Mohammed Kamal, Arqaam Capital’s director of research, discusses Saudi Arabia’s housing problem.
Despite renewed funding commitments and the passing of the mortgage law, Saudi Arabia’s housing problem seems as serious as ever. Do you agree and, if so, what needs to be done?
Commercial lending in the residential real estate sector in Saudi Arabia has remained subdued since the approval of the mortgage law. Default rates on housing loans administered by the real estate development fund remain high, and the enforceability of foreclosure laws remains in question. In the absence of a developed mortgage industry, property developers may withhold the release of substantial volumes of new residential product. Government-administered housing schemes [for which funding totalling 250 billion Saudi riyals, or Dh244.73bn, has been approved since 2011] will require time – rendering housing costs and rentals subject to upside risk.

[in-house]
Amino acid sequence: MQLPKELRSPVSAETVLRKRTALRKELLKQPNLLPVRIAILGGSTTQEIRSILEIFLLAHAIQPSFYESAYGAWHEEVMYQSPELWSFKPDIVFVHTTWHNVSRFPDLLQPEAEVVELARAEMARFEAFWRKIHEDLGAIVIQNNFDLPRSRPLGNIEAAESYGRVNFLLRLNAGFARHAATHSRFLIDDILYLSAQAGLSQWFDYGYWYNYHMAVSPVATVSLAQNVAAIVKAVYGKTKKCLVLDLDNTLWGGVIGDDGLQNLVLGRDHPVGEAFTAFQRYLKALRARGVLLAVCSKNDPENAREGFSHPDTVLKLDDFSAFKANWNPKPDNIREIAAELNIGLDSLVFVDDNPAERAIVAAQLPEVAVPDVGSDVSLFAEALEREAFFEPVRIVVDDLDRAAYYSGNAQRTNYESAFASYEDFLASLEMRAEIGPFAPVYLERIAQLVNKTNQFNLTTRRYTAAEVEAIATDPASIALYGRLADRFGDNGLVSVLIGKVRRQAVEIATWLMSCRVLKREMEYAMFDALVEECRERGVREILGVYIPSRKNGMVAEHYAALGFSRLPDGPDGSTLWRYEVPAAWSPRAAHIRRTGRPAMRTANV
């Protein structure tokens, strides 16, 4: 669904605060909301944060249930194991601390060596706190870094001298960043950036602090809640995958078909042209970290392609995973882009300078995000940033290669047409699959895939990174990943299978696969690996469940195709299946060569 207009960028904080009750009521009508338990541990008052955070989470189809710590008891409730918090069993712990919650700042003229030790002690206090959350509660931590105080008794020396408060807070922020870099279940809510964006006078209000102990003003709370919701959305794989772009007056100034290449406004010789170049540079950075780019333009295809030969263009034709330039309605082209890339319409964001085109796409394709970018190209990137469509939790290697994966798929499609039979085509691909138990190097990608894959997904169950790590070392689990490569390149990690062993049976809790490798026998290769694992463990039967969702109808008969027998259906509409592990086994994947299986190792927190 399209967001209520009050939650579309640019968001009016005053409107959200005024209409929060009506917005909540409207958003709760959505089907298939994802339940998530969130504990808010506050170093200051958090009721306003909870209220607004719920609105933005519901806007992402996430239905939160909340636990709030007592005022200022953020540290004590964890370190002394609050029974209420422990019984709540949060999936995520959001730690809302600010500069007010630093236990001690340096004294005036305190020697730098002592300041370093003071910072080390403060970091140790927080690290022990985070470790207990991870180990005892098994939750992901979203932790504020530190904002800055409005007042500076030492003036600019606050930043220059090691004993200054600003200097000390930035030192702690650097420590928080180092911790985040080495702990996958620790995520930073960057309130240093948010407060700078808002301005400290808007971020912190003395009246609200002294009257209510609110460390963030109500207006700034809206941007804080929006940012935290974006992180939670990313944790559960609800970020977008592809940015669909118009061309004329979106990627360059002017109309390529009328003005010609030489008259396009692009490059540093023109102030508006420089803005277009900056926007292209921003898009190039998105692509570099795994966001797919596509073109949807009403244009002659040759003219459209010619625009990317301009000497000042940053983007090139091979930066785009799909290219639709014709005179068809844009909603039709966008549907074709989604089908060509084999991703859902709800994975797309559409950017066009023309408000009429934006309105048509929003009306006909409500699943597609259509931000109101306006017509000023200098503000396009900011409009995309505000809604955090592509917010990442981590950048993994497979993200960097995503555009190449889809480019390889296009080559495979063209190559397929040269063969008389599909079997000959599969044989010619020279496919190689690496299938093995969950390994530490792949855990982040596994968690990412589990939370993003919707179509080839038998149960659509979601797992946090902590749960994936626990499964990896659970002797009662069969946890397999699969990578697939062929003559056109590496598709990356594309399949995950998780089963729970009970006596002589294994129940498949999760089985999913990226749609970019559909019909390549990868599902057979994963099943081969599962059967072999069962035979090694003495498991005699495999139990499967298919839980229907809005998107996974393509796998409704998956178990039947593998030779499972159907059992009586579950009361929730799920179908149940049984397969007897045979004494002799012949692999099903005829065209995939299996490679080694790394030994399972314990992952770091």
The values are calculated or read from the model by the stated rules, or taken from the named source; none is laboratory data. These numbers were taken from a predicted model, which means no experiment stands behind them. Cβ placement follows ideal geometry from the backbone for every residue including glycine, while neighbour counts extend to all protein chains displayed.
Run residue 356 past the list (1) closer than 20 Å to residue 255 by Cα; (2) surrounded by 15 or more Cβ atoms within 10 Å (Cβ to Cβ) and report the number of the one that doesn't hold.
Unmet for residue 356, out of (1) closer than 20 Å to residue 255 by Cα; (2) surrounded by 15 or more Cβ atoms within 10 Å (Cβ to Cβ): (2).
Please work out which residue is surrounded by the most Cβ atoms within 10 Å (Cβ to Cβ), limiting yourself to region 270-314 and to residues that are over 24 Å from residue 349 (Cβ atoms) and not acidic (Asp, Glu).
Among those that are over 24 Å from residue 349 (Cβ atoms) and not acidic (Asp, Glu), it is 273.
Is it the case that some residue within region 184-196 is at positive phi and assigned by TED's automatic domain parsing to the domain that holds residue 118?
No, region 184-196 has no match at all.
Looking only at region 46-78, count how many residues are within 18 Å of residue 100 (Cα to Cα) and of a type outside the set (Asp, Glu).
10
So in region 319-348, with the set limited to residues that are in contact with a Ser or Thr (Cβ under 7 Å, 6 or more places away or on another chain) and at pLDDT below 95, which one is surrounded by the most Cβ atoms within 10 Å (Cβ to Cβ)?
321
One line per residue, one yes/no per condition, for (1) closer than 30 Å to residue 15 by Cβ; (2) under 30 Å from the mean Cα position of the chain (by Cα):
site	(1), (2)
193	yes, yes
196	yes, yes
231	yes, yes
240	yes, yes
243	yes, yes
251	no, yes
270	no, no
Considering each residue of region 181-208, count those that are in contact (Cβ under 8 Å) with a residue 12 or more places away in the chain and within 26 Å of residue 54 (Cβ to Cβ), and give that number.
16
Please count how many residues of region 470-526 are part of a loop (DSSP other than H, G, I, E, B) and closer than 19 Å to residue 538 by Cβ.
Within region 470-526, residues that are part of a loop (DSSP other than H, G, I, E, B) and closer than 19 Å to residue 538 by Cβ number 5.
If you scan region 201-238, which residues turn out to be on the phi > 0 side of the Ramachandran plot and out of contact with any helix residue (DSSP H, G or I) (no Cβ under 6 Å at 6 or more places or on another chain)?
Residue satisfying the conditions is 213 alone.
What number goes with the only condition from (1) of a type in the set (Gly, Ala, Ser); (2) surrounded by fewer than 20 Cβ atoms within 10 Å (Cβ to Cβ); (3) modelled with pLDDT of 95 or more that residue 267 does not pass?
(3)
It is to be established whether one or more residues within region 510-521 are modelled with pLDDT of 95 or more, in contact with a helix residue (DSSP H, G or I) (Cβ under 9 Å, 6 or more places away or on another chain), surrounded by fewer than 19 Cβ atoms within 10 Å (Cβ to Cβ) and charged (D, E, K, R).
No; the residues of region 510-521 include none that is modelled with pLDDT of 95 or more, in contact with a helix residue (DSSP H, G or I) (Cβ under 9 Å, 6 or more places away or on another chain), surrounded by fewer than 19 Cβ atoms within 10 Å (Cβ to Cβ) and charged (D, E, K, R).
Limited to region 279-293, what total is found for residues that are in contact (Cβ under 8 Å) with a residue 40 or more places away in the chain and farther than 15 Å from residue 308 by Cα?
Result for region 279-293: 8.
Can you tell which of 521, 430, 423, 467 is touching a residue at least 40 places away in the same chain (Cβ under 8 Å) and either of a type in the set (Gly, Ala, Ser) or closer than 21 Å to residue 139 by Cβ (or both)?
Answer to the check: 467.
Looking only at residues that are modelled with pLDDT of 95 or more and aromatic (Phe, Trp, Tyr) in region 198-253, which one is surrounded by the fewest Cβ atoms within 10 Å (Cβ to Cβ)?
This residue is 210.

How big a concern are rising construction costs? It is said that profit margins for developers are already very low in the kingdom.
The Saudi construction sector is highly sensitive to labour and staffing costs. The implementation of changes to minimum local hiring requirements has tangibly impacted the operating margins of most contractors active in the kingdom. The impact is typically split between ‘qualification costs’ linked to training and development of new hires and the occasionally higher wage packages paid to local hires. Contractors would likely have to absorb the cost escalation in the near term. The potential to pass on the cost increase to the end client [in many cases they are the various arms of the Saudi government] should improve with time.
How big an issue is project finance and what is your outlook generally for the year ahead?
Project-based lending across the Mena [the Middle East and North Africa] region has been in decline over the past three years. We expect Saudi-based contractors to continue to reflect margin pressure in the fourth quarter, but see a stabilisation by the first half of next year.